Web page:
Dating back to the start of last season on the PGA Tour, Rahm has racked up 12 top-10s, three runner-ups, and two wins.

He will head to Torrey Pines next week ready to defend for the first time.

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Brady compares self to Woods after winning AFC title

By Jason CrookJanuary 22, 2018, 1:05 am

Tom Brady and Tiger Woods are two of the all-time greats in their respective sports ... a fact that is not lost on the five-time Super Bowl winning quarterback.

Fresh off leading the New England Patriots to a AFC Championship victory over the Jacksonville Jaguars, Brady was asked about winning the game despite a cut on his throwing hand - which made national news heading into the matchup.

His response invoked the name of a certain 14-time major winner, something that would be tough to pull off, if not for the fact that he is, you know, Tom Brady.

“I think it's kind of arrogant to say it bothered me when we had a pretty good game, so I wouldn't say that," the 40-year-old told reporters after the game. "It's like when Tiger Woods said, ‘That was my C game’ and he won the tournament."

Tiger Woods winning with his "C game" may be a distant memory for golf fans, but no matter what game he brings, his next chance to win comes next week at Torrey Pines during his official comeback to the PGA Tour.

Brady has a shot at his sixth Super Bowl title in two weeks. The Patriots would probably benefit from him bringing a little better than his "C game" as well.

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Rahm beats Landry in playoff to win CareerBuilder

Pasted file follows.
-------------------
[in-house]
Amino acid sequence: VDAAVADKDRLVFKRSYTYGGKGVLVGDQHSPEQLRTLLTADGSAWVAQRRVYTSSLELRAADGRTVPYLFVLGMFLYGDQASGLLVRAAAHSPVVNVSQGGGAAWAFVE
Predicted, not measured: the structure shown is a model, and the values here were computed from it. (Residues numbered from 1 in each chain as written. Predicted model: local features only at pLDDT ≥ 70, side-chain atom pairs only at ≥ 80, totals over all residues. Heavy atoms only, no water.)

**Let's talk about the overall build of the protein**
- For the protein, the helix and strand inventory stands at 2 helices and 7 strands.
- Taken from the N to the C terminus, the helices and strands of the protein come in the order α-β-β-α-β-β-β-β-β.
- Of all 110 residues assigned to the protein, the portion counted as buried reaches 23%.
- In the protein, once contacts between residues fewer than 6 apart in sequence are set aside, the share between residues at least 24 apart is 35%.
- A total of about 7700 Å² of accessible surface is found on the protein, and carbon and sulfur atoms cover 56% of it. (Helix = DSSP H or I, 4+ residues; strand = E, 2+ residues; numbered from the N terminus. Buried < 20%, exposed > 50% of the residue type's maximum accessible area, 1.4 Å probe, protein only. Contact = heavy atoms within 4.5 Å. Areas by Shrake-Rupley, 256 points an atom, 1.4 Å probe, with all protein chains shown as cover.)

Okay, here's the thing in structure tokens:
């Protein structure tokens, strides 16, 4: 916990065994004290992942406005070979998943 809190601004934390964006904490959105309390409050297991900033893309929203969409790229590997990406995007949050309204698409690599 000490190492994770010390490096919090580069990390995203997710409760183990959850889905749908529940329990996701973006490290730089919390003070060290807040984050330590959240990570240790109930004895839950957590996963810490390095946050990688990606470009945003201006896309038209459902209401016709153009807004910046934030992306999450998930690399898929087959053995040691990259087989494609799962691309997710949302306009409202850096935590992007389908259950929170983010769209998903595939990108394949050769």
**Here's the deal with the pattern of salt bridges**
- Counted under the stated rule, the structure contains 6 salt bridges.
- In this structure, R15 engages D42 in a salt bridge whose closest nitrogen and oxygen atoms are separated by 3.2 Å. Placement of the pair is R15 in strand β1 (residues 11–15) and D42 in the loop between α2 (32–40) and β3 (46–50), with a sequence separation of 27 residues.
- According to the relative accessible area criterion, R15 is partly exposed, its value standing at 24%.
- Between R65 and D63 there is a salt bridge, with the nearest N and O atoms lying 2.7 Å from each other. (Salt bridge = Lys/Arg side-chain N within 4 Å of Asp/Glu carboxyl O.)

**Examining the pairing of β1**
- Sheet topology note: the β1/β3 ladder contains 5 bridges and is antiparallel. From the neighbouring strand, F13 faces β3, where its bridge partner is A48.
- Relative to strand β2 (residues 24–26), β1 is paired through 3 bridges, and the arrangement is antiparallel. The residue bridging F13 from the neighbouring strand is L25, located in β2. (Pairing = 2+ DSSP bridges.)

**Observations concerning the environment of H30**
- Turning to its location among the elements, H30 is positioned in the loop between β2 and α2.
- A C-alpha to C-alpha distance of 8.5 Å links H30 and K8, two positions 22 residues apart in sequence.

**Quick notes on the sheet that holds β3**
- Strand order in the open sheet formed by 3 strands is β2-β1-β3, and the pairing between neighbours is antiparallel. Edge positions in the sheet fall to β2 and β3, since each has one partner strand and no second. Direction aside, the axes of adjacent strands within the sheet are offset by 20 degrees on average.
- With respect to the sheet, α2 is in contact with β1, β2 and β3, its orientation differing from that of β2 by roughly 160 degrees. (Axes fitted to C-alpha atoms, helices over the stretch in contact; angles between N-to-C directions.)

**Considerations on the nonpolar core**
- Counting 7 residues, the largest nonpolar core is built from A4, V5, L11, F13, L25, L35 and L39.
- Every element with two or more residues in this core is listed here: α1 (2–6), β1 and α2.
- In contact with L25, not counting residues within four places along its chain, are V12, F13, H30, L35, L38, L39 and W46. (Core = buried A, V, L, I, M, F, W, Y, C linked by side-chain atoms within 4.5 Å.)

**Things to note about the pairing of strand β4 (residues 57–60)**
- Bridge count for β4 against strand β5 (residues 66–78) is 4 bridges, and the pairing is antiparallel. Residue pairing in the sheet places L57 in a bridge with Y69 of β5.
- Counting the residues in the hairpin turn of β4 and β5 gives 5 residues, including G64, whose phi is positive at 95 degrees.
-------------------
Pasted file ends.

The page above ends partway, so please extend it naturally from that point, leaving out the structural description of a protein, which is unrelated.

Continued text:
By Nick MentaJanuary 22, 2018, 1:00 am

Jon Rahm birdied the fourth extra hole Sunday to defeat Andrew Landry in a playoff, win the CareerBuilder Challenge and move to No. 2 in the Official World Golf Ranking. Here’s how things played out in overtime at PGA West:

Leaderboard: Rahm (-22), Landry (-22), John Huh (-20), Adam Hadwin (-20), Martin Piller (-20), Kevin Chappell (-19), Scott Piercy (-19)

What it means: This is Rahm’s second PGA Tour win and his fourth worldwide victory in the last year, dating back to last season’s Farmers Insurance Open. Rahm took the early lead Thursday with an opening 62 and after rounds of 67-70, he started the final round two back. On Sunday, he made five birdies without dropping a single shot on the intimidating Stadium Course. In the clubhouse at 22 under, Rahm watched as Landry made birdie on 18 to force a playoff.

Rahm missed birdie putts that would have ended the tournament on the final hole of regulation and on each playoff hole. Finally, on his fourth trip down 18 of the day, his birdie bid found the cup. With the victory, Rahm passes Jordan Spieth to move to No. 2 in the Official World Golf Ranking, trailing only Dustin Johnson. He enters next week at Torrey Pines looking to defend for the first time.

Best of the rest: A two-time winner playing his second full season on the PGA Tour, Landry shot 68 Sunday, making birdie on the 72nd hole to force extras. Once Rahm finally made birdie on the fourth playoff hole, Landry's putt to extend slid by on the right edge. This is Landry's best career finish on the PGA Tour. Had he won, he would have secured full Tour status through the 2019-20 season and earned invites to the Masters, Players, and PGA Championships.

Round of the day: Sam Saunders fired an 8-under 64 to register this best finish of the season, a tie for eighth at 18 under. The reigning Tour Championship winner was 9 under par through 12 holes before making bogey at 13 and parring his way into the clubhouse.

Biggest disappointment: Overnight leader Austin Cook was eyeing his second win of the season but never contended. The RSM champion carded two double bogeys Sunday en route to a 3-over 75, dropping him from the 54-hole lead to a tie for 14th.

Shot of the day: Rahm's putt to win:

Quote of the day: "One of us had to do it and either one of us would have been a well-deserving champion." - Rahm on his playoff victory over Landry